The limitations of curved TVs stand as the root cause. Unlike a conventional flat-screen TV, a curved TV has the same distance to the centre and each side of the display when looked at from the centre of the screen, resulting in less distortion and more immersive viewing experience. However, if watched from positions beside the centre of the screen, screen distortion becomes much more severe. Although curved TVs offer an enhanced experience for a single person, the aforementioned problem means optimal picture quality is not accessible to groups of people, such as a family watching TV in the living room.
Curved TVs initially attracted attention as a new premium device offering a truly immersive viewing experience with greater picture quality, but are now rapidly fading away from the global market.
According to market research group IHS Markit, 2018 global sales of curved TVs reached 3.32 million by the end of the third quarter, accounting for only 2.1 per cent of total TV sales (153.78 million units) for that three-quarter period. Market share, which stood at 4 per cent in 2016, has halved. Market prospects are even dimmer. IHS Markit predicted total sales of curved TVs will drastically decrease from 4.54 million units in 2018, to 2.71 million units this year and 0.72 million units in 2020, indicating curved TVs may disappear from markets the world over.
Curved TV’s off-centre viewing leads to more reflections on the screen and a deterioration in the contrast and colour gamut. Not to mention it costs more than a similar-sized flat-screen TV and requires more space for installation, space some consumers simply don’t have. With all these limitations came a significant loss of customer interest. The combination of low sales worldwide and higher production costs have piled up the pressure on manufacturers.
The fact that Samsung continues to make curved TVs presumably means people are buying them. There is a certain allure to the subtly angled glass; it’s different, a break from convention and a conversation piece in your living room. But are there any real benefits beyond a pleasing appearance and an urge to stand out?
People have been watching flatscreen TVs for decades and the world wasn’t exactly crying out for something new, but curved screens came along anyway and were purported to be the next big thing
It’s difficult to predict how good a TV’s picture quality will be. Price can be an indicator, and the type of display can too, but we’ve seen plenty of expensive sets fall foul to poor motion control and dodgy contrast. The same is true for curved TVs. We’ve found screens that showcase exceptional detail and colour accuracy, but there are plenty that has underwhelmed with pedestrian picture quality that is neither hindered nor aided by the curve of the screen. It may not have a bearing on sharpness, colour and contrast, but there are other elements of picture quality that curved TVs have struggled with in the past.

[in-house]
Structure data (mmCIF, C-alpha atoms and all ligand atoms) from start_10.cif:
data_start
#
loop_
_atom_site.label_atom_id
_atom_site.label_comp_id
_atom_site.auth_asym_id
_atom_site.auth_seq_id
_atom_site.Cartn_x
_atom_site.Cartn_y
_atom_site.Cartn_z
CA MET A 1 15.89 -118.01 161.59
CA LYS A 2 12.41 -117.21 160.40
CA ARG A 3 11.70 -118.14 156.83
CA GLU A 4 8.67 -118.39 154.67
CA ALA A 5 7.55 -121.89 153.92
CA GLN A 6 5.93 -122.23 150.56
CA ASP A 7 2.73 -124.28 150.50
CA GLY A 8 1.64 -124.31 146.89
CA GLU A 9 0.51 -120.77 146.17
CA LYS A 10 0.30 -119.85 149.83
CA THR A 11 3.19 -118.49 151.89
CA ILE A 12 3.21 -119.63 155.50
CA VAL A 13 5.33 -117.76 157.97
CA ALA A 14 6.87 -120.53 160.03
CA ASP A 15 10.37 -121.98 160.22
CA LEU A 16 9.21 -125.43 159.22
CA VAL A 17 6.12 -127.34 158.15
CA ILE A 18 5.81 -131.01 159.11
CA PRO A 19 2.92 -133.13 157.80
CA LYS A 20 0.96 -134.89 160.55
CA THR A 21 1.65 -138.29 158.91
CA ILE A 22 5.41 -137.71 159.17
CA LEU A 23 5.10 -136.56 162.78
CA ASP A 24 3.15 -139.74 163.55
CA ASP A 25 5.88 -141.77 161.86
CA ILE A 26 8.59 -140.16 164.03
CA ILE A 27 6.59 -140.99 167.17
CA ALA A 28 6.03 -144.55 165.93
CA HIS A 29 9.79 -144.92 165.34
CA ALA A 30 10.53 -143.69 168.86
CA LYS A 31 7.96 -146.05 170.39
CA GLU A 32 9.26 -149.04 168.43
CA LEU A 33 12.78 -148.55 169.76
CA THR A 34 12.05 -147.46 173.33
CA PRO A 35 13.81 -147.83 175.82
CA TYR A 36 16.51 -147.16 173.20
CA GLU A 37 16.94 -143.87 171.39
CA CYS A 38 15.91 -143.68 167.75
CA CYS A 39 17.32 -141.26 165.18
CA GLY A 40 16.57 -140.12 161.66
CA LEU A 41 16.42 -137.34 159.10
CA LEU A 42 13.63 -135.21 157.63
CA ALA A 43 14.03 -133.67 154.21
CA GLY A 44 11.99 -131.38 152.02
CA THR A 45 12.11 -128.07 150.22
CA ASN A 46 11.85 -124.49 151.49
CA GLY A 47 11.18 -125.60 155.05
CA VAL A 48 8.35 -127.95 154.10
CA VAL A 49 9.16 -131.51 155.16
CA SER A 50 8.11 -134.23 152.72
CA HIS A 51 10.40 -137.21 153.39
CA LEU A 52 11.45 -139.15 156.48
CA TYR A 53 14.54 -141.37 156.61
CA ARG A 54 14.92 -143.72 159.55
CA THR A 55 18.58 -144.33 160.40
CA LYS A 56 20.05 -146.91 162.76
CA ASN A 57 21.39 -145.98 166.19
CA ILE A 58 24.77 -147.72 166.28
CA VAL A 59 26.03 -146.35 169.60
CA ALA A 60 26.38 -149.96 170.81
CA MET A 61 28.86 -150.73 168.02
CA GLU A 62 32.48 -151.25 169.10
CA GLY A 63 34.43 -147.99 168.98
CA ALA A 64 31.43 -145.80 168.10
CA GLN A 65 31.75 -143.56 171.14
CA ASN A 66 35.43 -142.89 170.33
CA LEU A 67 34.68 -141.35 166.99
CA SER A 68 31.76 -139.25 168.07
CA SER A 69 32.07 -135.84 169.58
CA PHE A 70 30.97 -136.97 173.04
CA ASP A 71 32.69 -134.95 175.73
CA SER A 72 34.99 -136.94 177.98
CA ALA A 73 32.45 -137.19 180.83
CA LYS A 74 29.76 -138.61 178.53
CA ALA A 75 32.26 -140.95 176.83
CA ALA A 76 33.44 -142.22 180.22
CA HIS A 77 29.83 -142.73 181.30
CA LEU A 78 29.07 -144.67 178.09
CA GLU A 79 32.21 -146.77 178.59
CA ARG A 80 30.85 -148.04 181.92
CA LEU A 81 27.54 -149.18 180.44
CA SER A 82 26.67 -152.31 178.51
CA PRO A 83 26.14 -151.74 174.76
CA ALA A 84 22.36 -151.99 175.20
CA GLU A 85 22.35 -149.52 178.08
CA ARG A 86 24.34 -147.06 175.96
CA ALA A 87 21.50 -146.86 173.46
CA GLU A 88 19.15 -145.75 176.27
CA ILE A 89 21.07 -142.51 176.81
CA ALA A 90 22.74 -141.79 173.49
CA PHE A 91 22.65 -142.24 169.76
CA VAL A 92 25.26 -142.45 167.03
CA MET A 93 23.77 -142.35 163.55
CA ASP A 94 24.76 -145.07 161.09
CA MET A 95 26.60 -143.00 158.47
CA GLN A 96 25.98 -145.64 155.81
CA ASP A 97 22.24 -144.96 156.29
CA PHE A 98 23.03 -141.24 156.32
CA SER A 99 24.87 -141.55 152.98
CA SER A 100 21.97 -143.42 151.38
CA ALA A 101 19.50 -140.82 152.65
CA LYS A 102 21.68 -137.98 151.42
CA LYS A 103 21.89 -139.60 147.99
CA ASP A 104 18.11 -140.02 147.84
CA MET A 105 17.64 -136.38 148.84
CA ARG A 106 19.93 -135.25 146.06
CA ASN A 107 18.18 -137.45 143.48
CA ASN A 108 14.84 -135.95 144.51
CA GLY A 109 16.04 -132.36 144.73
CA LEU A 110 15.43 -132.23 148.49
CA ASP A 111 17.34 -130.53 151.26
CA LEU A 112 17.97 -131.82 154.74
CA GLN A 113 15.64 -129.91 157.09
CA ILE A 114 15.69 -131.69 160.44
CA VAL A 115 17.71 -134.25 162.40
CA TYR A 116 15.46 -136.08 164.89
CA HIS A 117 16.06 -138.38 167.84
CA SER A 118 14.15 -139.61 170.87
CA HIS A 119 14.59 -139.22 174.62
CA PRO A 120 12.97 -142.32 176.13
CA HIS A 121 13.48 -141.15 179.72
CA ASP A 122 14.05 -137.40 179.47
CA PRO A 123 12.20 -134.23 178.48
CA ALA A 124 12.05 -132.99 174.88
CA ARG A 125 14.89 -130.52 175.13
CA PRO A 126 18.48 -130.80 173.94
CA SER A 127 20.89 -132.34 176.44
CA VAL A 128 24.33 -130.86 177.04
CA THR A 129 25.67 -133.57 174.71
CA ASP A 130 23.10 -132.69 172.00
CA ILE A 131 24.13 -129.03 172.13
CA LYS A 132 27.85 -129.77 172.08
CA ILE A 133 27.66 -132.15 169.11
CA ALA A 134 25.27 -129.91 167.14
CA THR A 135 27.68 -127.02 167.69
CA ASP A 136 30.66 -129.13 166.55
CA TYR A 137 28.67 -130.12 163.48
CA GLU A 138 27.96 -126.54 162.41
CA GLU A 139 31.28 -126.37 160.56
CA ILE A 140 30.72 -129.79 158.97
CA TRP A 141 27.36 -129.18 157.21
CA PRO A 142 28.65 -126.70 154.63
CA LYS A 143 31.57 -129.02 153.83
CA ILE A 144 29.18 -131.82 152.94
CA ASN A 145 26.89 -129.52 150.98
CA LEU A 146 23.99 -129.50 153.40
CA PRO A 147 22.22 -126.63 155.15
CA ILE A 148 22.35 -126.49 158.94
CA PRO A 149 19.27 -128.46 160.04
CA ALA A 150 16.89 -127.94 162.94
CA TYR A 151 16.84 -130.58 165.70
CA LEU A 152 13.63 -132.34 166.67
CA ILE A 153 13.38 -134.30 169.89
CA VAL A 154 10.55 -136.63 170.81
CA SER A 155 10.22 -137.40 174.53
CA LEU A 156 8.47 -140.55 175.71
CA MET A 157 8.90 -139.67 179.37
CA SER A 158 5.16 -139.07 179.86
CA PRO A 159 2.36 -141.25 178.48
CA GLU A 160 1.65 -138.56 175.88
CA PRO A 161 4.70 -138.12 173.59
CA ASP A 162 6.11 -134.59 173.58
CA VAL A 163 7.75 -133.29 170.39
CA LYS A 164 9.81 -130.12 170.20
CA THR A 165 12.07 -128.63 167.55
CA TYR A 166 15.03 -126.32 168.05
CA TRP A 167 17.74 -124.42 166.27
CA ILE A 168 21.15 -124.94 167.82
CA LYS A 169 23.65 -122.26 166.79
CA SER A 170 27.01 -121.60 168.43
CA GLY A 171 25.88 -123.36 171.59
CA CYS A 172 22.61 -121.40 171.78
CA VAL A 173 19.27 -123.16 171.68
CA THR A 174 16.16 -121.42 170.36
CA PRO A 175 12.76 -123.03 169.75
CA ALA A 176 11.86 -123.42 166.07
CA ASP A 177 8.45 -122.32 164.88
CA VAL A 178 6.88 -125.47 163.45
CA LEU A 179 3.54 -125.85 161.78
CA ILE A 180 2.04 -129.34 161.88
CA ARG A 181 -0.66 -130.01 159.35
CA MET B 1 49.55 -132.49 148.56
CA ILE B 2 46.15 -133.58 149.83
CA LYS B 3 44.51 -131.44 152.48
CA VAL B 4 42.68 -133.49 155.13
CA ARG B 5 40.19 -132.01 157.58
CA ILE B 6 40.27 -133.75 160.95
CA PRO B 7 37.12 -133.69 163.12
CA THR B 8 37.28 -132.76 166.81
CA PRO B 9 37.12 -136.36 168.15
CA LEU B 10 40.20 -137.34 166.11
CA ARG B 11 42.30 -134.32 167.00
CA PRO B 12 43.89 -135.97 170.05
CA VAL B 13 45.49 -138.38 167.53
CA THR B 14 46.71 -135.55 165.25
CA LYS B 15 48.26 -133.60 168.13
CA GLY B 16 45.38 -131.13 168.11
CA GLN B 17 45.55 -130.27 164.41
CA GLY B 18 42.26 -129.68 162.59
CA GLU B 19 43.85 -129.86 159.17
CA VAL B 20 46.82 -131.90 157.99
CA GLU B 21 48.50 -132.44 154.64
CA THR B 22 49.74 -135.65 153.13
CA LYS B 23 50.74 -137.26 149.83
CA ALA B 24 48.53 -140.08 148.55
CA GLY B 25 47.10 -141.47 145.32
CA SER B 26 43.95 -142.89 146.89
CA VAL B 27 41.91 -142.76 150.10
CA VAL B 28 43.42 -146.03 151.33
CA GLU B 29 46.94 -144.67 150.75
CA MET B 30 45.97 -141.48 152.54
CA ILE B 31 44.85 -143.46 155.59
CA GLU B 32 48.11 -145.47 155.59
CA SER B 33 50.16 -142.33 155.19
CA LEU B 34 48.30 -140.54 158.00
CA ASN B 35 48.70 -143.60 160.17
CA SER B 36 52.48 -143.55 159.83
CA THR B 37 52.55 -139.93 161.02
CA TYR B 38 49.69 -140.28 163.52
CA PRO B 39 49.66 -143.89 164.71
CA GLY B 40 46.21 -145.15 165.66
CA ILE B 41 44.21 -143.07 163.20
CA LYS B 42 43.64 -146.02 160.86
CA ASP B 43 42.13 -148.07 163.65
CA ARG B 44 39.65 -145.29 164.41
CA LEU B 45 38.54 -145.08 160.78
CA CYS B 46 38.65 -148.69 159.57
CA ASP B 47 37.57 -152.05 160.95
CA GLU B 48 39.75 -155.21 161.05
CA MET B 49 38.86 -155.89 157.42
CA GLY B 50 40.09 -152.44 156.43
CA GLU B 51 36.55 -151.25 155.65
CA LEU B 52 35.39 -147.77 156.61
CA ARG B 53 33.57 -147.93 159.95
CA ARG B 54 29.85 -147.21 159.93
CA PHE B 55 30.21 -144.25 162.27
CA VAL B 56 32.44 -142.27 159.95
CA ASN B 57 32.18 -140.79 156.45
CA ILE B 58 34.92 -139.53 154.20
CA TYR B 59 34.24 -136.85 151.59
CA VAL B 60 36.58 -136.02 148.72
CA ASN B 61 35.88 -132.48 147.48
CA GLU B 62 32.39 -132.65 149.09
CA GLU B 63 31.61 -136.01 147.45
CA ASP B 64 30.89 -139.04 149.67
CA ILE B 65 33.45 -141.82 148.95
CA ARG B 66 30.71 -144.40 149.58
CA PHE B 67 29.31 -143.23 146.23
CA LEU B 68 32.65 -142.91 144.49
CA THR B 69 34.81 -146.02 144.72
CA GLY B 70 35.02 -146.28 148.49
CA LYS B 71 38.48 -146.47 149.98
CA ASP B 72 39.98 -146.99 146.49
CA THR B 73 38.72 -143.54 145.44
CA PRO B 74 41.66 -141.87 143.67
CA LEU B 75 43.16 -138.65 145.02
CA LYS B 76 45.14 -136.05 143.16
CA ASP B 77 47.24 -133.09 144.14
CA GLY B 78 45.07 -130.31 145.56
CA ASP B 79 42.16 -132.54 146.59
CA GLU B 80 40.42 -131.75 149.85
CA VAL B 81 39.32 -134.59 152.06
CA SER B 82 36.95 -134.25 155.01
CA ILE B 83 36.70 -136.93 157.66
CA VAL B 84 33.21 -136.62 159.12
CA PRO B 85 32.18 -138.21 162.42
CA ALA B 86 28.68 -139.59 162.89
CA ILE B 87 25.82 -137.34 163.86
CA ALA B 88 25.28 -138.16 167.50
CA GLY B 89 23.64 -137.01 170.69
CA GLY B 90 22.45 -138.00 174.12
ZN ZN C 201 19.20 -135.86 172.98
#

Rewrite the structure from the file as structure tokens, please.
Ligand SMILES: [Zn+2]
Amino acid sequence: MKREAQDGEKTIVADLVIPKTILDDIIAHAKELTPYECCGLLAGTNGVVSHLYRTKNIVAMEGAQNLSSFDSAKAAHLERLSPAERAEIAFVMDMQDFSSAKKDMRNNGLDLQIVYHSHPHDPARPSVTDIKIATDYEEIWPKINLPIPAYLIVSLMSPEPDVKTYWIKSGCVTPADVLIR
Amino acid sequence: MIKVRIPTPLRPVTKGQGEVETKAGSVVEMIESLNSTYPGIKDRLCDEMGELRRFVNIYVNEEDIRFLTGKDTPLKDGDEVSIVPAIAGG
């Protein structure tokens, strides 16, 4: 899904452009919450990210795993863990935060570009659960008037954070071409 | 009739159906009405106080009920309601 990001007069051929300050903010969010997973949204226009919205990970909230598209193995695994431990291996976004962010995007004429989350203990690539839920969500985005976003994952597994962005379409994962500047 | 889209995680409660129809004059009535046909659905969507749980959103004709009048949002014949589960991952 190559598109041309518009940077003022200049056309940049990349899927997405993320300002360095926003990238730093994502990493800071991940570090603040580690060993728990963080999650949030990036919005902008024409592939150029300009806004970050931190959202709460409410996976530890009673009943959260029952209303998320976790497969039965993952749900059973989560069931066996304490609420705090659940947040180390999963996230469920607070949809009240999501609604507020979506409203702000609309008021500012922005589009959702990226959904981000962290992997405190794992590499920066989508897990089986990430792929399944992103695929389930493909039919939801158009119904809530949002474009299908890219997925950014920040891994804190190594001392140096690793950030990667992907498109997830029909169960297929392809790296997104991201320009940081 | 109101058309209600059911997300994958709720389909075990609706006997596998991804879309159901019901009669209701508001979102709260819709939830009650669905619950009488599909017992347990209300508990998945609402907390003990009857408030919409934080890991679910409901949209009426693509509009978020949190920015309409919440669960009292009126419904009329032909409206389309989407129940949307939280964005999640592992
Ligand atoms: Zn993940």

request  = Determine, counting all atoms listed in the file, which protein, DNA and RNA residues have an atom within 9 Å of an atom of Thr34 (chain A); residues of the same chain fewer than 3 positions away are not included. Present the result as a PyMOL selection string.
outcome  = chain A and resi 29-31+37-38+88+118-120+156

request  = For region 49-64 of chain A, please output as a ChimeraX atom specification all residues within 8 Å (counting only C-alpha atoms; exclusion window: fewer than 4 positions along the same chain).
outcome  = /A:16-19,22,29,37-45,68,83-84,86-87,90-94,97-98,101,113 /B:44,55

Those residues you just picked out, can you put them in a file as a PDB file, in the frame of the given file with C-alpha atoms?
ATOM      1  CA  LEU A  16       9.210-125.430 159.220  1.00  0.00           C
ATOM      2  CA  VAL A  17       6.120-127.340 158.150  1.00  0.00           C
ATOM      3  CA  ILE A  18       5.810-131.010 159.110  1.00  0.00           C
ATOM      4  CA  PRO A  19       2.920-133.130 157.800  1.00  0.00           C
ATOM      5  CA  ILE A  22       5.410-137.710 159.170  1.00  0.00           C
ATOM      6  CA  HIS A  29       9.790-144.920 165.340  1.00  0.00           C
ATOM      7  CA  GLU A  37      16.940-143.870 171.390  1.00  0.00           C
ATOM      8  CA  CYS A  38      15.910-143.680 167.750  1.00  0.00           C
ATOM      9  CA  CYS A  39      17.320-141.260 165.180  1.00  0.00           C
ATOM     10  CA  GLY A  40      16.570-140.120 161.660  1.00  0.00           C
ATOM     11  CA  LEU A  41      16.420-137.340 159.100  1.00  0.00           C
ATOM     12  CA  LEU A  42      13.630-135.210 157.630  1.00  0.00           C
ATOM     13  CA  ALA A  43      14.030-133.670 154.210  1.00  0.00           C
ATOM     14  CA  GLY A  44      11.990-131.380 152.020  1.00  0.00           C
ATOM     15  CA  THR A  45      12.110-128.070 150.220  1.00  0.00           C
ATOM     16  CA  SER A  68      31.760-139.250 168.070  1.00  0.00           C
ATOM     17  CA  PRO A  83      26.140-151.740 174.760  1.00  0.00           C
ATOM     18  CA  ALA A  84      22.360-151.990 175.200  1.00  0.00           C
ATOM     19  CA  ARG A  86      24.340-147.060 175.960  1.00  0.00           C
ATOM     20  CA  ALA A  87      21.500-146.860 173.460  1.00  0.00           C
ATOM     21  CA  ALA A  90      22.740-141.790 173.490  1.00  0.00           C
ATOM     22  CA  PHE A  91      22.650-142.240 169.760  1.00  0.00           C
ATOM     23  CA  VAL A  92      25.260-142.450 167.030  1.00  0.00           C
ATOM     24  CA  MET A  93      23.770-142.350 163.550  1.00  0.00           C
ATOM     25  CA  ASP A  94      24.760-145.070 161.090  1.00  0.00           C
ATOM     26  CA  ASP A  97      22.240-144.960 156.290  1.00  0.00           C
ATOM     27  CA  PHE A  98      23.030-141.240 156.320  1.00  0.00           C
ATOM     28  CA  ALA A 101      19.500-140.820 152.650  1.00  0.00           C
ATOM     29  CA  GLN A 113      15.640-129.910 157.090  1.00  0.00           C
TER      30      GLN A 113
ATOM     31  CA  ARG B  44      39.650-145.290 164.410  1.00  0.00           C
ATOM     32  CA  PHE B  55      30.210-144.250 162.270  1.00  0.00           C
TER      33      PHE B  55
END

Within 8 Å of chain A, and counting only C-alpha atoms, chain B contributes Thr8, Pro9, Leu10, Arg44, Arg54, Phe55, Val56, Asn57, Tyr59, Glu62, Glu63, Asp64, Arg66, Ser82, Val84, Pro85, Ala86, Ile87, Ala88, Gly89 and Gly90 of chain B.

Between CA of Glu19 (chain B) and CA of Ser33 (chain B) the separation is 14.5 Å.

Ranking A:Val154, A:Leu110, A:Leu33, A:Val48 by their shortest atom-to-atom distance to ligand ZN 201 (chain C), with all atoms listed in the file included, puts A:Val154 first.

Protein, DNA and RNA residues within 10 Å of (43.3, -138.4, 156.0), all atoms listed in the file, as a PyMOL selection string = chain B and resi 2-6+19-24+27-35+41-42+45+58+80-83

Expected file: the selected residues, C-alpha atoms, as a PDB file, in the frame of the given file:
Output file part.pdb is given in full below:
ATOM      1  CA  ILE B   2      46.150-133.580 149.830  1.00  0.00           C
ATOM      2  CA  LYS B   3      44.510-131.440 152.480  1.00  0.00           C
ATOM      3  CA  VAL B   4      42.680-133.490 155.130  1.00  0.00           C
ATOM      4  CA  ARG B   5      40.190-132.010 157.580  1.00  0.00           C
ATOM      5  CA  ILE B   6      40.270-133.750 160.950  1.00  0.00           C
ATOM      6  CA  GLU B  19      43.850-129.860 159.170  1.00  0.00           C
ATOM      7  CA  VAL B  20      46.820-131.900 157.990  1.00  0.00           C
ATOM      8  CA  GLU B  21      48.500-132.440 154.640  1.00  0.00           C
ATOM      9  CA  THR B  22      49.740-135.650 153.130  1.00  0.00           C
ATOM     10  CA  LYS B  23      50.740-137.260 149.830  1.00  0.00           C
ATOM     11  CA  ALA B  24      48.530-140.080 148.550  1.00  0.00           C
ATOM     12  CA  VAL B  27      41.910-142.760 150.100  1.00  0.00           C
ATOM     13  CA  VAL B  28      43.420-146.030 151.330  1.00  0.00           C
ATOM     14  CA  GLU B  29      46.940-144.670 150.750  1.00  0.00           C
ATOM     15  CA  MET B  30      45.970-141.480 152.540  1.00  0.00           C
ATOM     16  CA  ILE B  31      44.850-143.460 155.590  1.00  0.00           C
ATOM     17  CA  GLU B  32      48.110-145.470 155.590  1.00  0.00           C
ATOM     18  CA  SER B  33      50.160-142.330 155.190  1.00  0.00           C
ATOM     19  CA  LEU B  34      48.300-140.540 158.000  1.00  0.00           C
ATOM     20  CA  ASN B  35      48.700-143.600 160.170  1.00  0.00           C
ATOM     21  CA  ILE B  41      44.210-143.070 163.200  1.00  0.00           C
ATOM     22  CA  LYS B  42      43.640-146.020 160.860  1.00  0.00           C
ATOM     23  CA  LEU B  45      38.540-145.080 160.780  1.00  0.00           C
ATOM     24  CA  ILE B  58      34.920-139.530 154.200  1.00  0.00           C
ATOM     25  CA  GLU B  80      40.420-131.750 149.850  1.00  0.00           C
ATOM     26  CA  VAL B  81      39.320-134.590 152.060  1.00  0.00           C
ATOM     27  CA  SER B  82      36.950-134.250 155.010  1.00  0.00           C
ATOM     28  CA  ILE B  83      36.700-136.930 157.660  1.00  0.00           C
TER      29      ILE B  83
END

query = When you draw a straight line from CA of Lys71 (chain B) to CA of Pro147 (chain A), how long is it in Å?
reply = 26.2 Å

Both OLED and LED LCD TVs are available with either curved or flat screens. At one the time it was believed that curving the screen helped improve off-angle (side to side) viewing, but in most applications that have been tested, it doesn’t seem to add much of an improvement.
If you plan to sit really close, like in a desktop PC-type situation, the curved screen will create the illusion of the image wrapping around the viewer for a more potentially more immersive experience, but from normal TV viewing distances, this goes away, making the curve more of an aesthetic decision than anything else. Either you like the way it looks or you don’t.
Reflecting market forecasts and customer feedback as well as furthering to redefine customer home entertainment experience, LG has for some years now shifted focus away from the curved to flat-screen TVs and will not be adding any curved TVs to its TV lineup. Instead, the tech giant has decided to focus on flat-screen TVs – believed to be a more sustainable innovation that offers the best viewing experience to consumers.
Flat-screen TVs have superb picture quality delivering high contrast, excellent colour saturation, and an assortment of native resolutions with a more realistic, natural balance, superior colour accuracy, much better flesh tones, and better sharpness having a lot to offer if you are a dedicated videophile.
Flatscreen TVs offer a wide viewing angle that can be viewed at oblique angles either vertically or horizontally without too much compromise in picture quality. So they can accommodate viewers who are positioned at wide angles to the screen in the viewing room.